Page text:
Pharmacy Record Analysis

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LNCtips.com: Pharmacy Record Analysis


As a new legal  nurse consultant, you may analyze the records of pharmacies that have filled prescriptions for the plaintiff.  The first time you review such records, you might think there's not very much to review - usually just lines of data.  So how do you analyze these types of records?

Obviously, identify the medications listed in the records.  But remember, in medical malpractice cases, not all medications are important to the case.

 Identify which meds, if any, validate the plaintiff's allegations.  For example, if the plaintiff is alleging emotional distress, are there medications prescribed that might counteract that distress such as anxiolytics or antidepressants?  (Of course, there are non-pharmaceutical ways of treating emotional distress as well.)

Determine if medications are consistent with allegations and damages.  For example, if the plaintiff complains of severe and unrelenting pain, does he or she obtain prescriptions for pain medications and regularly refill them?

If your review of one pharmacy's records shows no medications that relate to the plaintiff's allegations, the plaintiff may be using a different pharmacy.  Some defense firms subpoena the four or five largest pharmacies in the area, such as Walgreens, CVS, Wal-Mart, and Rite Aid, because it's common for patients to fill prescriptions at multiple pharmacies.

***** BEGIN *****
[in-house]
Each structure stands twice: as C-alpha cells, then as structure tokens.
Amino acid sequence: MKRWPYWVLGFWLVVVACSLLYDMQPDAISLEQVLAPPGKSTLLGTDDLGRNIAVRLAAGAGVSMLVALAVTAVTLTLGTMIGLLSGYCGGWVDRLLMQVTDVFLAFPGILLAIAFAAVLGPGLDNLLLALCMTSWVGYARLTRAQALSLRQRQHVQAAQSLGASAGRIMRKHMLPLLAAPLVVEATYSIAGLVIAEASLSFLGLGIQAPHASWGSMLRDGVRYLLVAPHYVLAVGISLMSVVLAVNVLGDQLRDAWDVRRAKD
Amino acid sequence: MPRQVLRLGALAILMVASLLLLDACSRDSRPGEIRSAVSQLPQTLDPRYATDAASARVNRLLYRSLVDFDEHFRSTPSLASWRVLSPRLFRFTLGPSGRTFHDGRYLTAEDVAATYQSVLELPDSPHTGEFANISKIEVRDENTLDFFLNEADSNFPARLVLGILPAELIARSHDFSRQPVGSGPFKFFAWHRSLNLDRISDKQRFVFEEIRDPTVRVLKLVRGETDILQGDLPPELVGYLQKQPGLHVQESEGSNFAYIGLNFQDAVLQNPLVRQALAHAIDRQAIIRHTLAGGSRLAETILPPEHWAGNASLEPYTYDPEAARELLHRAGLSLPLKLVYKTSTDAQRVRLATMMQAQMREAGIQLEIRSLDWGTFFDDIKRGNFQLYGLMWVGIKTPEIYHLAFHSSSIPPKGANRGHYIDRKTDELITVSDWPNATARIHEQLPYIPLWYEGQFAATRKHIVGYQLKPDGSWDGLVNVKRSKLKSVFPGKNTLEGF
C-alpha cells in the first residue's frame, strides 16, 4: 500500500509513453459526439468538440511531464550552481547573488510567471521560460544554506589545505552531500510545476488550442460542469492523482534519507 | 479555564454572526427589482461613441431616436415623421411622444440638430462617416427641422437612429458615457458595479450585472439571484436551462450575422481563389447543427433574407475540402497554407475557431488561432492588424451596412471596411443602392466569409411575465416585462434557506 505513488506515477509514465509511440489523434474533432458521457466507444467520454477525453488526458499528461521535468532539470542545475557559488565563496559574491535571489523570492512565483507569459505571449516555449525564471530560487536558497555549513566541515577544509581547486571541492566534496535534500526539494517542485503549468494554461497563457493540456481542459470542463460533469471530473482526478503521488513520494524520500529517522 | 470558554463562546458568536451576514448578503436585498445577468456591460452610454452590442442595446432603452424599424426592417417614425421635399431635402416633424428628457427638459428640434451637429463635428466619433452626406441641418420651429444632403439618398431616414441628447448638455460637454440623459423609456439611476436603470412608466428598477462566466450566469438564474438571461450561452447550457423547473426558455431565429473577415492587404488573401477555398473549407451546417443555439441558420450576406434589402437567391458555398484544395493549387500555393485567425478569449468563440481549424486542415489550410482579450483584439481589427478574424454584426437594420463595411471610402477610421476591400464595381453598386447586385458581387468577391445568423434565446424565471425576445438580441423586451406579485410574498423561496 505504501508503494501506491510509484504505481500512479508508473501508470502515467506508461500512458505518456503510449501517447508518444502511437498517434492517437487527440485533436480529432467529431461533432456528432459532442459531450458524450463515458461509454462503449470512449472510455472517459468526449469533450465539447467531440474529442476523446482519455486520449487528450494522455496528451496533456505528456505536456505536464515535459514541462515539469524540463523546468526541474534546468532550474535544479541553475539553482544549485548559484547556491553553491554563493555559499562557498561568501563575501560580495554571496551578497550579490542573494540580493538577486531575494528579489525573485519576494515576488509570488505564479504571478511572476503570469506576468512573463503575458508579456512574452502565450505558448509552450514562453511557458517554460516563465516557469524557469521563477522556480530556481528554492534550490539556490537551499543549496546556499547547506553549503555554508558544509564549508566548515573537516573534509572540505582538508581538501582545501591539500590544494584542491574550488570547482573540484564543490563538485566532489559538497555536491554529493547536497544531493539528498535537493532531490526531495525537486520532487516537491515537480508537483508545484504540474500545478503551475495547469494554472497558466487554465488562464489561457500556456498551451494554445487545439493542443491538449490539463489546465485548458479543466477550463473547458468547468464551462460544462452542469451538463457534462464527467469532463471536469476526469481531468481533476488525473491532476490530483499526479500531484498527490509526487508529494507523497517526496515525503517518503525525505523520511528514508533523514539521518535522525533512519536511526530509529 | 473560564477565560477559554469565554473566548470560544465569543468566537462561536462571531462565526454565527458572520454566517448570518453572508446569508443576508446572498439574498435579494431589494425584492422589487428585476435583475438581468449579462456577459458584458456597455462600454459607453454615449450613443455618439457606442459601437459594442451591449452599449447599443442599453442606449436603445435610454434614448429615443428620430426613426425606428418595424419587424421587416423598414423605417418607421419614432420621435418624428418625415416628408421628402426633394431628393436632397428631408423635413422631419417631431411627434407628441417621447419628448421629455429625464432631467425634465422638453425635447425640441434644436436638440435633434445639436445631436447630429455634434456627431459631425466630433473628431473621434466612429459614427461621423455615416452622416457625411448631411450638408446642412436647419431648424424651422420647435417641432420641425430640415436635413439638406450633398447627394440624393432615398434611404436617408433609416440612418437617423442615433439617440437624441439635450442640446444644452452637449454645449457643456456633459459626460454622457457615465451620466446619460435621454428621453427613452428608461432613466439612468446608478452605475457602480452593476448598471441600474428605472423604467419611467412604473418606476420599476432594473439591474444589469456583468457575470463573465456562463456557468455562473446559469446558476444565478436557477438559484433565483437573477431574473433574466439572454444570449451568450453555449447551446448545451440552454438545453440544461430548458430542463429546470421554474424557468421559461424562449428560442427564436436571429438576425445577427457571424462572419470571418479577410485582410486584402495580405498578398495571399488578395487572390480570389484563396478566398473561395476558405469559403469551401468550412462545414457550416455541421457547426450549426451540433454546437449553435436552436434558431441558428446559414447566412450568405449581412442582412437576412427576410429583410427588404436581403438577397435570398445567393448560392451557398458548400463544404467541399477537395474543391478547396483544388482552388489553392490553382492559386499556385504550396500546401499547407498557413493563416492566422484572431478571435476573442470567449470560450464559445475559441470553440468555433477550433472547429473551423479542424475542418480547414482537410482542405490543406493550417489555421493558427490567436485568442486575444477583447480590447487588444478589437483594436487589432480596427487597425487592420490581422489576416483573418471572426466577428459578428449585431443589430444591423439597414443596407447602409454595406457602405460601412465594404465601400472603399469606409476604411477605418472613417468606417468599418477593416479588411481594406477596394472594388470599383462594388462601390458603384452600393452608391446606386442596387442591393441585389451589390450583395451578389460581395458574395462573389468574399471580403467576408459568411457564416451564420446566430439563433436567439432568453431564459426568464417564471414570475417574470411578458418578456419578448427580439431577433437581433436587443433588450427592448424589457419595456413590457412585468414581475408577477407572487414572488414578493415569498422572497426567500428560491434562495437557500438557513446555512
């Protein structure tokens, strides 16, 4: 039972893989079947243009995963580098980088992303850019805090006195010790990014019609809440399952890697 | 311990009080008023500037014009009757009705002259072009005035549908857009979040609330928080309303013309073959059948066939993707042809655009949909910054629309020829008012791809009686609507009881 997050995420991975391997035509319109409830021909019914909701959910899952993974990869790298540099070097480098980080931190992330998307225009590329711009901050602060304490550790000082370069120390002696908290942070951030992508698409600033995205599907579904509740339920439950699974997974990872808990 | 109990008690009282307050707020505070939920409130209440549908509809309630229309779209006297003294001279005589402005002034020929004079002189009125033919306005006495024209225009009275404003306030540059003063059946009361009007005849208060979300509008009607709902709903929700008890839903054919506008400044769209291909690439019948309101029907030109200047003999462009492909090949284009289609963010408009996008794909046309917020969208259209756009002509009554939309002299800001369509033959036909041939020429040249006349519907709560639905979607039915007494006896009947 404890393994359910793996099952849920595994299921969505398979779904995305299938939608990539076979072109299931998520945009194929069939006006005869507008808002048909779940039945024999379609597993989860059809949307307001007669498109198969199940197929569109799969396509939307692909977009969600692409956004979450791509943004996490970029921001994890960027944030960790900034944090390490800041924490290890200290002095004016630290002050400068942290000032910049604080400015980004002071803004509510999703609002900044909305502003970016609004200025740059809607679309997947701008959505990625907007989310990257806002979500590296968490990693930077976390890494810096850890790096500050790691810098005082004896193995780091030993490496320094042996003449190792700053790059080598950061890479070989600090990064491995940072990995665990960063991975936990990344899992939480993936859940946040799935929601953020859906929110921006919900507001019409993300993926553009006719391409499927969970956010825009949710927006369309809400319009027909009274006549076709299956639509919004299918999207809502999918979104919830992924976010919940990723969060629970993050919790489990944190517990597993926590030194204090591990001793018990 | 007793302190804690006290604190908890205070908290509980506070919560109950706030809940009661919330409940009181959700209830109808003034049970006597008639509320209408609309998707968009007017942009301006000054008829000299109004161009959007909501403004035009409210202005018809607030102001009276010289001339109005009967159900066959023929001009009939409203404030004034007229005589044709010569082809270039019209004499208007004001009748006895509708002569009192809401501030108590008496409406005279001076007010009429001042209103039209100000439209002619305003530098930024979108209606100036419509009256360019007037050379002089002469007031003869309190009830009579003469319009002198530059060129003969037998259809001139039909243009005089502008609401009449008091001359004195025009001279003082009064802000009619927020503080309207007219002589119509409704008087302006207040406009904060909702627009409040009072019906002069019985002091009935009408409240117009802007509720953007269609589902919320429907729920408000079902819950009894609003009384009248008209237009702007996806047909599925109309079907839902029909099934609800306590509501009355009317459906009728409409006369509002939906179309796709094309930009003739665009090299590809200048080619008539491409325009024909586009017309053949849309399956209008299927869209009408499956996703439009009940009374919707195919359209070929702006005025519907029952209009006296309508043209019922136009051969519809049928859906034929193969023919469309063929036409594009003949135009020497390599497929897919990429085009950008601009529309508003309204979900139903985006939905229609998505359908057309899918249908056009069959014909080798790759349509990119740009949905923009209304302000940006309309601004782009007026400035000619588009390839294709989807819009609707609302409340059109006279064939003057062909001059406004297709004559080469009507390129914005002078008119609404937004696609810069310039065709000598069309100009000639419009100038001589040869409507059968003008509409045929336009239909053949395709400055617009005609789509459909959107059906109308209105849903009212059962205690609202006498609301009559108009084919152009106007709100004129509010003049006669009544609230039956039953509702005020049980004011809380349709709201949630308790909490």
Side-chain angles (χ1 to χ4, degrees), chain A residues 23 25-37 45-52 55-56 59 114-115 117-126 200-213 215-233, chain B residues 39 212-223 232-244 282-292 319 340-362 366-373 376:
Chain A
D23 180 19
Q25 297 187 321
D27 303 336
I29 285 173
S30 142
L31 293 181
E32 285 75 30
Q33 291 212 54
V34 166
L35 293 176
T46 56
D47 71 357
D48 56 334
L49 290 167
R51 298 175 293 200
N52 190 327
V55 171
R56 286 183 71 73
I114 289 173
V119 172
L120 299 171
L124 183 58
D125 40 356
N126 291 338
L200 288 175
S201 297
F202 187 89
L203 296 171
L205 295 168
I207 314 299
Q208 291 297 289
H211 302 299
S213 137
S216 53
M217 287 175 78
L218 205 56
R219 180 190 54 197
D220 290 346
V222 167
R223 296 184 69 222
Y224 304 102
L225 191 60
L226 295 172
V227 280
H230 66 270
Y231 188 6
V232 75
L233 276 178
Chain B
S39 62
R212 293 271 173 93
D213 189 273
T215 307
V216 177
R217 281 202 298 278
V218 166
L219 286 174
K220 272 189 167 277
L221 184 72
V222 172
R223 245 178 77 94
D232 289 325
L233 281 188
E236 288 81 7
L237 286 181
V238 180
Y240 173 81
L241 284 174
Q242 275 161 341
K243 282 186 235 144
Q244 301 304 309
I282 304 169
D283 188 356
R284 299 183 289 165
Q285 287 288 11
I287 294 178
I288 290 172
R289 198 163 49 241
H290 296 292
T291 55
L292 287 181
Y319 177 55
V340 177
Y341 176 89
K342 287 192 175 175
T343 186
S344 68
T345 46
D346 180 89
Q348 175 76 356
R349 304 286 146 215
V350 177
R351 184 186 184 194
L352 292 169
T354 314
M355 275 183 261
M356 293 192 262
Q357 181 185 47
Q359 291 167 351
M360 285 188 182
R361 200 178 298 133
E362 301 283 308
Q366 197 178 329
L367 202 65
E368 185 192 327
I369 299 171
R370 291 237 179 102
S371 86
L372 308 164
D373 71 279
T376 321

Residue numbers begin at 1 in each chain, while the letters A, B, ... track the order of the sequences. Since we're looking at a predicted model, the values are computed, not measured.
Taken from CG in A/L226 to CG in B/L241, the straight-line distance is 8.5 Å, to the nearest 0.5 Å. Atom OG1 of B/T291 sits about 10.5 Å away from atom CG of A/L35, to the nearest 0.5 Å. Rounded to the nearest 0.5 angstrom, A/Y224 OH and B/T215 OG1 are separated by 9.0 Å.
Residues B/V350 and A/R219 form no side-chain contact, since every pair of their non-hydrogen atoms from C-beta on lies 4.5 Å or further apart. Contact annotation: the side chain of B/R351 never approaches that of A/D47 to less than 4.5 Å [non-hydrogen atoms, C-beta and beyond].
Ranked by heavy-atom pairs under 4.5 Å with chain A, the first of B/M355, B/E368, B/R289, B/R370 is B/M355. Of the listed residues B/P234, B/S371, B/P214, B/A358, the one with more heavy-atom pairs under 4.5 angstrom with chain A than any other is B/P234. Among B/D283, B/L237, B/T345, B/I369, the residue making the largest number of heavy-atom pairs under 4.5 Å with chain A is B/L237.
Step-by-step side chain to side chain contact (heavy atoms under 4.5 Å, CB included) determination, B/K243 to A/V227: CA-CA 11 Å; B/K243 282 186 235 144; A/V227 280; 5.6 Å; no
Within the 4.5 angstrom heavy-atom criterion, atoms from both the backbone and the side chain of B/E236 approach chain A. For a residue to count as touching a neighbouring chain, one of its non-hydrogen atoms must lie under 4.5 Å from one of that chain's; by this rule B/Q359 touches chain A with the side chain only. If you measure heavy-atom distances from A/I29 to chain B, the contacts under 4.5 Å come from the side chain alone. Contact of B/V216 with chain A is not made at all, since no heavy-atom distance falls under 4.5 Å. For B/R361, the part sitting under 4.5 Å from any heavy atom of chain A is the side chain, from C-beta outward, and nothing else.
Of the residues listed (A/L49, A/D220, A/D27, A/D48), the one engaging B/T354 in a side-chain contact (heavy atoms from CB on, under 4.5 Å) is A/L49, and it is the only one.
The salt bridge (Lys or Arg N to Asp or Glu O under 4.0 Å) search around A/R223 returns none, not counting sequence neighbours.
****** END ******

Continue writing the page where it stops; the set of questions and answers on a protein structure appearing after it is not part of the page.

Review the dates that the pharmacy filled and refilled prescriptions.  If medication compliance is an important issue in the case, determine if the patient refilled prescriptions for scheduled medications every 30 days or if there were gaps.  And for a graphic way to show non-compliance, see my Medication Non-Compliance Calendar.

Identify each of the prescribers. Note the names of new prescribers to alert the attorney.  He or she may want to obtain the prescriber's medical records. Identify the specialty of new prescribers.  To determine the prescriber's specialty, type the prescriber's name in Google's search box or use the American Medical Association's DoctorFinder.  If the prescriber is an emergency medicine physician or a hospitalist, do the dates of the prescriptions correlate to an ER visit or recent hospitalization?  If not, your records may be incomplete.

Review the dates of the prescriptions.  Do the dates of prescriptions correlate to the dates of your medical records?  For example, let's say that you have medical records from 2004 through 2009 for Dr. Hanson.  But you notice that the pharmacy records list six prescriptions from 2010 and one from 2011.  In this case, you should inform the attorney who may want to obtain updated medical records from Dr. Hanson.

You've just turned lines of data into a meaningful analysis for your attorney.

Want to learn more about LNC skills for legal nurse consultants?  Check out the Archives.

...Katy Jones